Their souls left long ago.
Their bodies stayed here.
Their families put their faith in a funeral home on Detroit’s east side.
But then, earlier this year, their remains were discovered, still in the funeral home months and even years after their deaths. At first, it was a few bodies. Then, the cremated remains of more than a hundred. Then, tucked away in an attic, investigators found the remains of several fetuses.
The shock still hasn’t worn off. The full investigation into what happened isn’t yet over.
Today, there was a memorial.
Today, they were laid to rest.
Laid to rest in five grey caskets, the middle one draped in the American flag. Light from an overcast sky pouring in through tall windows in a small chapel. White carnations.
A list of nearly 250 names. 250 cremated remains, split among the five caskets at Mt. Olivet Cemetery in Detroit.
Pastor Louis Prues of Jefferson Avenue Presbyterian Church in Detroit was the first of several faith leaders to eulogize them.
“The events that got us to this day, while sad, and even maddening and difficult to understand, is not nearly as important as what we do this day,” Prues said.
What they did this day was to offer prayers, and read aloud the names.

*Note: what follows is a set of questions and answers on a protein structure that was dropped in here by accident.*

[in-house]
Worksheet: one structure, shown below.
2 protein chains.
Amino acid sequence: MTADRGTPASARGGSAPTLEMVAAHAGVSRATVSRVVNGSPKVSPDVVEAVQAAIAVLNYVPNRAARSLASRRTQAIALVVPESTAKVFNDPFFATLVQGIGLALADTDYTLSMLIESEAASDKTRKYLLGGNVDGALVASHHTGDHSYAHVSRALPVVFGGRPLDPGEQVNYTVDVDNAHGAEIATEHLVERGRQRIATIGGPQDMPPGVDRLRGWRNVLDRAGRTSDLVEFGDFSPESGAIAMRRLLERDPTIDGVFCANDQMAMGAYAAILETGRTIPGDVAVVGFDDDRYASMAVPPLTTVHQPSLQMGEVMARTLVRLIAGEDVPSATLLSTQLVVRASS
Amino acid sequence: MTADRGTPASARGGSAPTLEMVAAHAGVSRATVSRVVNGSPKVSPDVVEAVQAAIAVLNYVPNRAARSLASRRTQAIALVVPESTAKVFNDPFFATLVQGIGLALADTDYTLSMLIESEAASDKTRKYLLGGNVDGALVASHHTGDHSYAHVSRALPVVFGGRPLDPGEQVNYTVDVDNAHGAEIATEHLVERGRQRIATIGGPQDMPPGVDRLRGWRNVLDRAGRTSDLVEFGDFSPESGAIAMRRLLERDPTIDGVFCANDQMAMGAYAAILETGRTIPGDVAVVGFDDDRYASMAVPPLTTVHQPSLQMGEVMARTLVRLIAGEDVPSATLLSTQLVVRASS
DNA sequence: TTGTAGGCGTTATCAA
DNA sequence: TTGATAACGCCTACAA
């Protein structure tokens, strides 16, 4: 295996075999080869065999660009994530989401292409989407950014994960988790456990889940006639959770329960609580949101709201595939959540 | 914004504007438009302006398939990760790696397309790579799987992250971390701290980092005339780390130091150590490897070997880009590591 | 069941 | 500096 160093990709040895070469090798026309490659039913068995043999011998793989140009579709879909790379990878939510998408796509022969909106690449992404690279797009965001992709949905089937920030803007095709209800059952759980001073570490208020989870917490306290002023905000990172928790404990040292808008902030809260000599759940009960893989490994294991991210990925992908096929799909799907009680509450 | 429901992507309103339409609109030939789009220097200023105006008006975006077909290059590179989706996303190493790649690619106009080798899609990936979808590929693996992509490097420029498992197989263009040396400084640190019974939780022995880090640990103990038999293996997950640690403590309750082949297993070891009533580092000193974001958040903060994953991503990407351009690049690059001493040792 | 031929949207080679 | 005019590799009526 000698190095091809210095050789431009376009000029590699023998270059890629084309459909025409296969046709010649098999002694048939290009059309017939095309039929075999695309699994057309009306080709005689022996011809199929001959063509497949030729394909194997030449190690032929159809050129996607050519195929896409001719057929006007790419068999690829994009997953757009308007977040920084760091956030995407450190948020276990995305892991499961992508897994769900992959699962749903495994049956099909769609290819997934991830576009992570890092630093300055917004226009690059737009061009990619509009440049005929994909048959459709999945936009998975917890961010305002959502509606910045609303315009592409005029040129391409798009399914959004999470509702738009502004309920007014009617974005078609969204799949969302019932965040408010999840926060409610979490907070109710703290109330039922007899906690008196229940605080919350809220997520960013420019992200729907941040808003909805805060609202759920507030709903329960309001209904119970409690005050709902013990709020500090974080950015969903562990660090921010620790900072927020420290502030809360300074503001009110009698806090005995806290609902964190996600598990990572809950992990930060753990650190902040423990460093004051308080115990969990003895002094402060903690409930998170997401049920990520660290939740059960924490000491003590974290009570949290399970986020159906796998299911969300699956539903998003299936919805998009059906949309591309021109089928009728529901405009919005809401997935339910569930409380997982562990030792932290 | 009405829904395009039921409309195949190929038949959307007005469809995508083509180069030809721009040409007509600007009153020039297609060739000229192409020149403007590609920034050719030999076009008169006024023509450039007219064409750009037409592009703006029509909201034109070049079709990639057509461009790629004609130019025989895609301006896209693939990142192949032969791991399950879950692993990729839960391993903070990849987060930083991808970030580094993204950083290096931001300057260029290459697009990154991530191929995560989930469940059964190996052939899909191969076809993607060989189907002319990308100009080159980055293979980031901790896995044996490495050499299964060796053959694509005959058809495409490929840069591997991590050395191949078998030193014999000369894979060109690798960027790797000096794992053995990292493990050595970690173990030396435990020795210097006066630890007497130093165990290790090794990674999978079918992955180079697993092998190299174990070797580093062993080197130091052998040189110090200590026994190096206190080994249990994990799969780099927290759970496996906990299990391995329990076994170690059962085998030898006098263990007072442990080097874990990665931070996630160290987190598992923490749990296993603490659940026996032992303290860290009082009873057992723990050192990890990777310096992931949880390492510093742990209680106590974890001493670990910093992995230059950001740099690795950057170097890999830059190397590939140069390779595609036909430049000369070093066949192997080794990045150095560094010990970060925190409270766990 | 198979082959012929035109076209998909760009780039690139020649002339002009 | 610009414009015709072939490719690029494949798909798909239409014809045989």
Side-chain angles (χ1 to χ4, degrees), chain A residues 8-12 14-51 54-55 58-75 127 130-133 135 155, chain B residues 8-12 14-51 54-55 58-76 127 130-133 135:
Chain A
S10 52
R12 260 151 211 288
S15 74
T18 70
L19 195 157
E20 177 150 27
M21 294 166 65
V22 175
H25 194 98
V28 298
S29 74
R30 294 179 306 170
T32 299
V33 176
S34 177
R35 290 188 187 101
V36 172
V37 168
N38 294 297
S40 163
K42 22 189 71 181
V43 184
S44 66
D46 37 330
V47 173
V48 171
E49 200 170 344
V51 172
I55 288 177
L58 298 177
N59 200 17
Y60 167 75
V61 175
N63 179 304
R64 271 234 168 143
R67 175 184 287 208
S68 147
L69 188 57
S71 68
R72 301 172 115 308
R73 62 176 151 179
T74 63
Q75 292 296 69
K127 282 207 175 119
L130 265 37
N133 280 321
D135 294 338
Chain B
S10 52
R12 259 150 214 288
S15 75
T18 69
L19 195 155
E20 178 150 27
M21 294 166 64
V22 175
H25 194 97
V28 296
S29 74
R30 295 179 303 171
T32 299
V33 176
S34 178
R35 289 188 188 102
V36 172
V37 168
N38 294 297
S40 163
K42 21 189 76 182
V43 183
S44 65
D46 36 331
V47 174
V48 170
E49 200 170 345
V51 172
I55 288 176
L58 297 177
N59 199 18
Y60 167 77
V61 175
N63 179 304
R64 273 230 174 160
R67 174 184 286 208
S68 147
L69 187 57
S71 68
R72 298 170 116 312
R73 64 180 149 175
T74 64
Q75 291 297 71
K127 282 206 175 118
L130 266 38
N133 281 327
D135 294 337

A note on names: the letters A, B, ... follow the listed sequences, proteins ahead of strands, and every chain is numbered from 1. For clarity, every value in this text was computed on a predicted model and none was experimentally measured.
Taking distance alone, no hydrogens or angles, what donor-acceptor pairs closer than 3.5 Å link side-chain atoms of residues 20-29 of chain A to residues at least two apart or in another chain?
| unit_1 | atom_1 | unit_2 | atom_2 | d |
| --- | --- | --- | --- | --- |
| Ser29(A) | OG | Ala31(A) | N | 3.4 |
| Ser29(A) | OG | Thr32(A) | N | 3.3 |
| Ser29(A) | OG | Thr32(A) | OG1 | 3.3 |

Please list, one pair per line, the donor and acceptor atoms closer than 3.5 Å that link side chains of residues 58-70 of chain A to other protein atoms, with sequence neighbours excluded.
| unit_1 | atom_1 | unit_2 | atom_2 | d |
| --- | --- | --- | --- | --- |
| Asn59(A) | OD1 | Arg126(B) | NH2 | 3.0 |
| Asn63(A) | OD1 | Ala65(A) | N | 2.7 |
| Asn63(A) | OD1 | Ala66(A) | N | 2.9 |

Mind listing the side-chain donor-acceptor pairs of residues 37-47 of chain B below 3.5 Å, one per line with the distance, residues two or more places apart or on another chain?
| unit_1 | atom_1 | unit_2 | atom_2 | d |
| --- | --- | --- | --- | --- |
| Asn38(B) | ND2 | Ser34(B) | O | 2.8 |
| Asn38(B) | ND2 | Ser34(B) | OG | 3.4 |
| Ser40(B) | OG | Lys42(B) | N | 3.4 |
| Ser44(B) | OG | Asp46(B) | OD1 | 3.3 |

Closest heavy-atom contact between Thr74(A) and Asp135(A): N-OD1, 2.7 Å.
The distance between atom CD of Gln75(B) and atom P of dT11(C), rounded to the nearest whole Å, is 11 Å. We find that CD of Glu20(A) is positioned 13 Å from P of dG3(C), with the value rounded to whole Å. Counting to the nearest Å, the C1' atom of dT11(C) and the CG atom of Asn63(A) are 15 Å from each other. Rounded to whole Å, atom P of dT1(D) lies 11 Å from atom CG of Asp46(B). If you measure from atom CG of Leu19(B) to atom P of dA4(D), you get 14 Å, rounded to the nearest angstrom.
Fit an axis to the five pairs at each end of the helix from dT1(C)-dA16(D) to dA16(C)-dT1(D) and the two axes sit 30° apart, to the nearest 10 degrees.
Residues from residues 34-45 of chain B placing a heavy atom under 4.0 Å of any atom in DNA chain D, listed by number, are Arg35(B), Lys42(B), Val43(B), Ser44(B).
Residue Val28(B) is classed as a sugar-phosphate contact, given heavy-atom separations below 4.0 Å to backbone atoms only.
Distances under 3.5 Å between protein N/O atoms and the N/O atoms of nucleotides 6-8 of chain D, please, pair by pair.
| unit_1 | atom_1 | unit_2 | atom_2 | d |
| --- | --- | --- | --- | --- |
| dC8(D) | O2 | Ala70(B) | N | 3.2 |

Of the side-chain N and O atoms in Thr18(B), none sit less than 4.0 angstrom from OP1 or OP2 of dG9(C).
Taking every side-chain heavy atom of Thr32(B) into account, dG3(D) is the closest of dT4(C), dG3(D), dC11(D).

For those whose remains still haven’t been identified, they simply said, “Unidentified loved one.”
Not all of the remains came with identification.
Brian Joseph has been one of the people working to identify the remains since April.
“Each one of them deserved a respectful burial,” Joseph says. “And that process went one step at a time.”
And Joseph says the work continues. He’s head of Verheyden Funeral Homes, which took over the process of identifying and laying to rest the remains from the Cantrell Funeral Home.
Cantrell isn’t the only funeral home in Detroit where remains have been discovered. Investigators also found remains of fetuses at Perry Funeral Home. The governor announced a new team this week to step up inspections and investigations of funeral homes across the state.
Brian Joseph says he’ll keep working to identify the remains found at Cantrell, and he’ll keep working to notify families.
Dozens of family members were at the memorial on Friday.
“I am overjoyed,” says Darlene Hardison. Her father, Hoover Heags, was among those whose remains were found at the Cantrell Funeral Home. So were her uncle’s. His name was Arthur L. Hardison.
“You know I didn’t know it was going to happen this way,” Hardison says. “I just didn’t know. But I am so overjoyed that it did. Because now, they have they final resting place. And I am so thankful.”
Hardison’s father and uncle will remain in rest at Mt. Olivet. The cemetery has offered space at no cost to the families. About 20 of those who were memorialized Friday are military veterans. Their remains will be moved to the Great Lakes National Cemetery, where there will be another service for them on Veteran's Day.